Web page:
TITLE: Program Officer, Environment Program
FUNDING AREAS: Conservation, clean energy, climate change
CONTACT: Visit PeopleFinder for email and phone number (paid subscribers only)
IP TAKE: In his more than three decades working in conservation, Scott has watched the debate and landscape change in huge ways, literally and figuratively. One significant shift that he’s noted in interviews is a growing interest among farmers, ranchers, hunters, and fishers in helping to make conservation happen.
PROFILE: Michael Scott has been a program officer at The William and Flora Hewlett Foundation since 2008, but he has been a full-time advocate for conservation in the western United States (and beyond) for far longer. Back in the early 1980s, in fact, he had already made a name for himself as one of the go-to defenders of the Rockies, the Yellowstone region, and other iconic wilderness areas of the American West.
His present-day job description, program officer in Hewlett’s Environment Program, entails heading up the foundation’s environmental grant making to initiatives in the western United States and Canada. The whole panorama of environmental projects in these regions is part of Scott's passionate purview, though land and water conservation are his definitive top areas of interest.
Big recent grantees include the Western Conservation Foundation out of Denver, and Western Resource Advocates, which protects water, air and land in seven states. The Environment Program also gives to groups with more specific focuses, like Backcountry Hunters and Anglers and the Sonoran Institute.
Grant seekers working in conservation and seeking support from Scott and Hewlett need to align precisely with the program's detailed strategies. For starters, they should be located in the Environment Program’s geographic area of interest, e.g., the American west and Canada. The program’s jurisdiction encompasses 12 Western states and three Canadian provinces, from New Mexico all the way up to Scott’s former home base in Montana, and as far north as Alaska.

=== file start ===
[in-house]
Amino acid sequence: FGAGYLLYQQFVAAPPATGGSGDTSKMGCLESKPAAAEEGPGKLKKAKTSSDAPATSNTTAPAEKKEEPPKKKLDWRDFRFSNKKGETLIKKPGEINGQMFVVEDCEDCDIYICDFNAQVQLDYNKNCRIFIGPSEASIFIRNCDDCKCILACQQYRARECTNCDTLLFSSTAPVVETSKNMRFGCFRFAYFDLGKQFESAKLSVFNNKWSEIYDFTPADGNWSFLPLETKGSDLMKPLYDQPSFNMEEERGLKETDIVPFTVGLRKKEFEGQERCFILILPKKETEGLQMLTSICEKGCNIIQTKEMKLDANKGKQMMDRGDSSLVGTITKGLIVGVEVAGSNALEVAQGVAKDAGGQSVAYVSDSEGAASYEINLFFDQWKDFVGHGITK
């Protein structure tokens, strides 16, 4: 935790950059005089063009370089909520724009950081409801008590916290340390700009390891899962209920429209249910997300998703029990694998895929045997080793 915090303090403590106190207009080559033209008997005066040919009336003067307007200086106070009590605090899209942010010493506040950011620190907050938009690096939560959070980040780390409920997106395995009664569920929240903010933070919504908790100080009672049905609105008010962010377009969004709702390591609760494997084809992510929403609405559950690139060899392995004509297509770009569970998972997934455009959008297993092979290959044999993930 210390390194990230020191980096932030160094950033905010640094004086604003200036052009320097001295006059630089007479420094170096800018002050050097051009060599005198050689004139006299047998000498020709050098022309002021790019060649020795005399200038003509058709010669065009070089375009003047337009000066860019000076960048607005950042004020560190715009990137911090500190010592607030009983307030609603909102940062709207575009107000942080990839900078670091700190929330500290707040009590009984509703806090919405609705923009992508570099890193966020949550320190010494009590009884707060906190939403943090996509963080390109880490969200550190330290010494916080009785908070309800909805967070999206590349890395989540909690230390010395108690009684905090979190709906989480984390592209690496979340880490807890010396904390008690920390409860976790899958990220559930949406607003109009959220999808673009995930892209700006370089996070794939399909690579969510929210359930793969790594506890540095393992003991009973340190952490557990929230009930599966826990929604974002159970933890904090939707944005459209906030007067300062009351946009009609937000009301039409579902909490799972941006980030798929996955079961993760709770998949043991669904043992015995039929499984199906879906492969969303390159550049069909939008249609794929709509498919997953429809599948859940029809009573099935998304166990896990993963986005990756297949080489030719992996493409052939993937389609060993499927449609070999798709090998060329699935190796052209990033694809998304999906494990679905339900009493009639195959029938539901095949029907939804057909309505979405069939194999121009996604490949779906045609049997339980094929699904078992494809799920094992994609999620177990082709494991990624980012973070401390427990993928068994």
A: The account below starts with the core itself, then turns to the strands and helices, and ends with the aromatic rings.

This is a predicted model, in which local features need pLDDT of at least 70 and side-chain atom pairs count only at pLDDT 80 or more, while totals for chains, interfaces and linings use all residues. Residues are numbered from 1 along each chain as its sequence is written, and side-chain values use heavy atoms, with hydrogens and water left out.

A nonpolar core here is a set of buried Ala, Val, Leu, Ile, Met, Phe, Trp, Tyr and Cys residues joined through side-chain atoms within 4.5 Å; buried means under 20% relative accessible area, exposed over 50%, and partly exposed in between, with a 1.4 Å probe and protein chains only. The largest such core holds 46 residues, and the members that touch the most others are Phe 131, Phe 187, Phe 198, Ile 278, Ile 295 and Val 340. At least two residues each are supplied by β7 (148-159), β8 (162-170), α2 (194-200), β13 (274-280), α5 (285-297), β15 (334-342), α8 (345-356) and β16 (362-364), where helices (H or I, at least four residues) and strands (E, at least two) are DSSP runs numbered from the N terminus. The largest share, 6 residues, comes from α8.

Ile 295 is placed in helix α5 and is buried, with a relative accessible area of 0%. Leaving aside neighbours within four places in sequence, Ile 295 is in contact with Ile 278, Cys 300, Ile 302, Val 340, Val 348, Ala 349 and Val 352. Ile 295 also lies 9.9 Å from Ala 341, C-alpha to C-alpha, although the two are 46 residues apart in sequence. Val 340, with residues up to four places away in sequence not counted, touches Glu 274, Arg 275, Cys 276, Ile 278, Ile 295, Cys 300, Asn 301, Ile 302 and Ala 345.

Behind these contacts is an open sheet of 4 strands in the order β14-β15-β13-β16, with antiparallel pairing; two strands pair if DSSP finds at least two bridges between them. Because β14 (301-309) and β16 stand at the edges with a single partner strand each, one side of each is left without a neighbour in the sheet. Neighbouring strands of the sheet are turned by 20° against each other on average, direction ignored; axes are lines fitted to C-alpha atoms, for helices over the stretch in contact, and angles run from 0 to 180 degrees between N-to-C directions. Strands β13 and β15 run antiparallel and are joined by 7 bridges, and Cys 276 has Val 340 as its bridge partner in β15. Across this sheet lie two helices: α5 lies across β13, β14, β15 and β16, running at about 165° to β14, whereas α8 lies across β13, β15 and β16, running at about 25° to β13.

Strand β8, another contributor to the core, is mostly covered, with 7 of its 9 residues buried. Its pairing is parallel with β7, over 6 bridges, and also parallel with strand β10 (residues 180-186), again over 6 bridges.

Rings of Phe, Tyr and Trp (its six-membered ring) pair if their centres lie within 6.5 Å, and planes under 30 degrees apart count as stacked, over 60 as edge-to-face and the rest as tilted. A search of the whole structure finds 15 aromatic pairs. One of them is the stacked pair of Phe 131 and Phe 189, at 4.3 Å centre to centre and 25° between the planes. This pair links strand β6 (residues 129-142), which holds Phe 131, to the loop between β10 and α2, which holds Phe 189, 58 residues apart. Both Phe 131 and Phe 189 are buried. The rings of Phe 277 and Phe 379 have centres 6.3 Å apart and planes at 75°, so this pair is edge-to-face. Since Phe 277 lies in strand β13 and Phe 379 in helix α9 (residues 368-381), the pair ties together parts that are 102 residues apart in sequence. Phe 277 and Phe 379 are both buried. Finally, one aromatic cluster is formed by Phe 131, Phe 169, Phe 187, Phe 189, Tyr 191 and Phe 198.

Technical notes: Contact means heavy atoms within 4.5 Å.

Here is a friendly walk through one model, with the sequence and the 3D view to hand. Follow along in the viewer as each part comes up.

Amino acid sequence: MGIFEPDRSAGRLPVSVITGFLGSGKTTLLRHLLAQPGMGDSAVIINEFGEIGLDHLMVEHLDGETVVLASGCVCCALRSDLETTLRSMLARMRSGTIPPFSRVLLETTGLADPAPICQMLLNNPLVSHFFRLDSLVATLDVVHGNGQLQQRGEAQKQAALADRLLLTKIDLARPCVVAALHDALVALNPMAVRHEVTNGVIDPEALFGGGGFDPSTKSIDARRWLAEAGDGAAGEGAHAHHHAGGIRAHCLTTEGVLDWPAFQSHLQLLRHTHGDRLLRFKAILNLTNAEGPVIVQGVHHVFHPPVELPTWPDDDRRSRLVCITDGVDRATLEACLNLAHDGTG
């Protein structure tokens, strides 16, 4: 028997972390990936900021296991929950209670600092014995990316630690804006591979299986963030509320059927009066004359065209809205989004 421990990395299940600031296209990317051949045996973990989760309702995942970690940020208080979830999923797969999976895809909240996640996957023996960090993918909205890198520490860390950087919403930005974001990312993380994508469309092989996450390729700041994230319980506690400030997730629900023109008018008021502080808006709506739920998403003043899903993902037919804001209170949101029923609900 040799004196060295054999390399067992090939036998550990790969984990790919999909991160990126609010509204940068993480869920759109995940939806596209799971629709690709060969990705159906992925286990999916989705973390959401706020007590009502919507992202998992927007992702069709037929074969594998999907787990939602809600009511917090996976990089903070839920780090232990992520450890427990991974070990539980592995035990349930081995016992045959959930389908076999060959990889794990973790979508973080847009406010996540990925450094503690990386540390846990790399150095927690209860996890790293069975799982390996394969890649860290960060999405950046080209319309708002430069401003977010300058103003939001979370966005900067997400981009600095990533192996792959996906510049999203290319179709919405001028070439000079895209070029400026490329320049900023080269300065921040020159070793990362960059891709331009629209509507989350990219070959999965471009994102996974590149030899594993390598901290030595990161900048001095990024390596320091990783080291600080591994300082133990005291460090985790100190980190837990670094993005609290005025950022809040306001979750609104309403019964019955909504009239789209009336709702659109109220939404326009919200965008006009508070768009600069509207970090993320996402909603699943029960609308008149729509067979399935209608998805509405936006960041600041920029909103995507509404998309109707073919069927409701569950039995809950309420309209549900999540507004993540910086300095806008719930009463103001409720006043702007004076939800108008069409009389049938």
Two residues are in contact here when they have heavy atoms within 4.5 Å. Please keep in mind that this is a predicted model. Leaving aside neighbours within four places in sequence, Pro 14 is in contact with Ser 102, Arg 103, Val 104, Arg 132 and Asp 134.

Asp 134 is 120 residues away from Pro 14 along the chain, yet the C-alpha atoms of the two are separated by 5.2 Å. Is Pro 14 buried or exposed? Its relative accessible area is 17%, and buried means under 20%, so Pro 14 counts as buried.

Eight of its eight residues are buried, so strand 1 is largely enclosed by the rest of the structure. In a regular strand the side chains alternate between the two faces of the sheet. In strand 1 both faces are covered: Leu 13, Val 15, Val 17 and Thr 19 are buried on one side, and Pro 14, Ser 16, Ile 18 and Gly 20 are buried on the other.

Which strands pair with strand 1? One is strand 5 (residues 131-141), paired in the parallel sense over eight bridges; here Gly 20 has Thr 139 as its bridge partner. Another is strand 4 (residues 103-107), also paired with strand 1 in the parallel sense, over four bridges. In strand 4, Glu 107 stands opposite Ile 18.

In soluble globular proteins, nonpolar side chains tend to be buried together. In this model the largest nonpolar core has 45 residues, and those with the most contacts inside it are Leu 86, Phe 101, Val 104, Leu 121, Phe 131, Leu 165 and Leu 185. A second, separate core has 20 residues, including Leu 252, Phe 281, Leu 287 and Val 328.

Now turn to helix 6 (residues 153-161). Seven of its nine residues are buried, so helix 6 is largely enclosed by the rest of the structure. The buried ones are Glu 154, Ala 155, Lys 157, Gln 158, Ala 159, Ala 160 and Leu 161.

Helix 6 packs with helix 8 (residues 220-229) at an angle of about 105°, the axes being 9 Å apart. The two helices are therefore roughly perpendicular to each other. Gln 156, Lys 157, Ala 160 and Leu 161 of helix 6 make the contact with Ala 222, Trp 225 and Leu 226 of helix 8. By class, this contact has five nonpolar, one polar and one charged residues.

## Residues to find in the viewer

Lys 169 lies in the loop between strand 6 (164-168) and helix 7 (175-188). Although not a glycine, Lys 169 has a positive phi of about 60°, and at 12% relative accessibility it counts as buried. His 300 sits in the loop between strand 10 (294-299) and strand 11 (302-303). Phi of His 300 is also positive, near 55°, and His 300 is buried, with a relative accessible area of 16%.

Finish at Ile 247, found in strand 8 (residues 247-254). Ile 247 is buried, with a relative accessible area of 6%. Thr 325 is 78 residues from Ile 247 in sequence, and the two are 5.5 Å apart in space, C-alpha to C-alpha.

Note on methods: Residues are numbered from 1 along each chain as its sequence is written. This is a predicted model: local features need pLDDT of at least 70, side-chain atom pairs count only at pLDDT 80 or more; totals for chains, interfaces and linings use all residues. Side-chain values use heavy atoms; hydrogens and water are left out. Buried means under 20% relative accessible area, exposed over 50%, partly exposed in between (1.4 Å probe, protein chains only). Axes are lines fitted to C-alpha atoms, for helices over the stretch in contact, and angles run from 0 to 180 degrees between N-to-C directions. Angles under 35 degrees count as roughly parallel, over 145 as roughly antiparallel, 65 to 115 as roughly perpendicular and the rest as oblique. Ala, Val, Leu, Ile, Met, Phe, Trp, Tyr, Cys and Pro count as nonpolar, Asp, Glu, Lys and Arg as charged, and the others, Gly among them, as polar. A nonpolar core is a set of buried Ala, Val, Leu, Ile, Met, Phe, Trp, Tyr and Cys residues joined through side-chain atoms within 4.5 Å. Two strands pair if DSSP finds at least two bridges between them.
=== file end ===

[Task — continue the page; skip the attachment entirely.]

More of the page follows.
In his more than three decades working in conservation, Scott has established numerous partnerships with farmers, ranchers, hunters, and fishers. While this may strike some environmentalists as an unlikely partnership, Scott will say that it simply underscores how important it is for conservationists to reach out to other parties, find shared goals, and work together to reach them. As he stated in a 2009 interview on the foundation's own website:
The challenges we face in the future, particularly when you consider those related to global warming, really demand that we find a new way for people to work together. Without it, the West will begin to unravel... As conservationists have reached out to talk to the hunting, fishing, and ranching communities, they've found, perhaps not surprisingly, that people share similar hopes and aspirations for the places they live… That realization is starting to bear fruit.
Hewlett's Western Conservation program is currently accepting unsolicited letters of inquiry, with no deadlines. You can submit a letter of inquiry via their online application. Do spend some time reviewing Hewlett’s strategies, however, to make sure that your project is a match. And in particular pay attention to what the foundation does not fund, such as marine conservation.
All of the issues Hewlett does fund, by the way, are ones that Scott has been deeply involved with throughout his career. For 12 years before starting at Hewlett, Scott worked for and ultimately became executive director of the Greater Yellowstone Coalition, a prominent nonprofit advocate for protecting not just Yellowstone National Park, but the entire ecosystem that supports it. Taking a comprehensive look at the interlocking factors and communities involved in protecting a threatened ecosystem was central to Scott's work around Yellowstone. He is credited for negotiating public acquisition of 150,000 acres of former timber company land north of the park.
Before Greater Yellowstone Coalition, Scott spent 16 years working with The Wilderness Society, a big and historic name in American conservation. He worked to pass a number of pieces of land protection legislation and became an authority on the Northern Rockies, while based both in D.C. and in the West.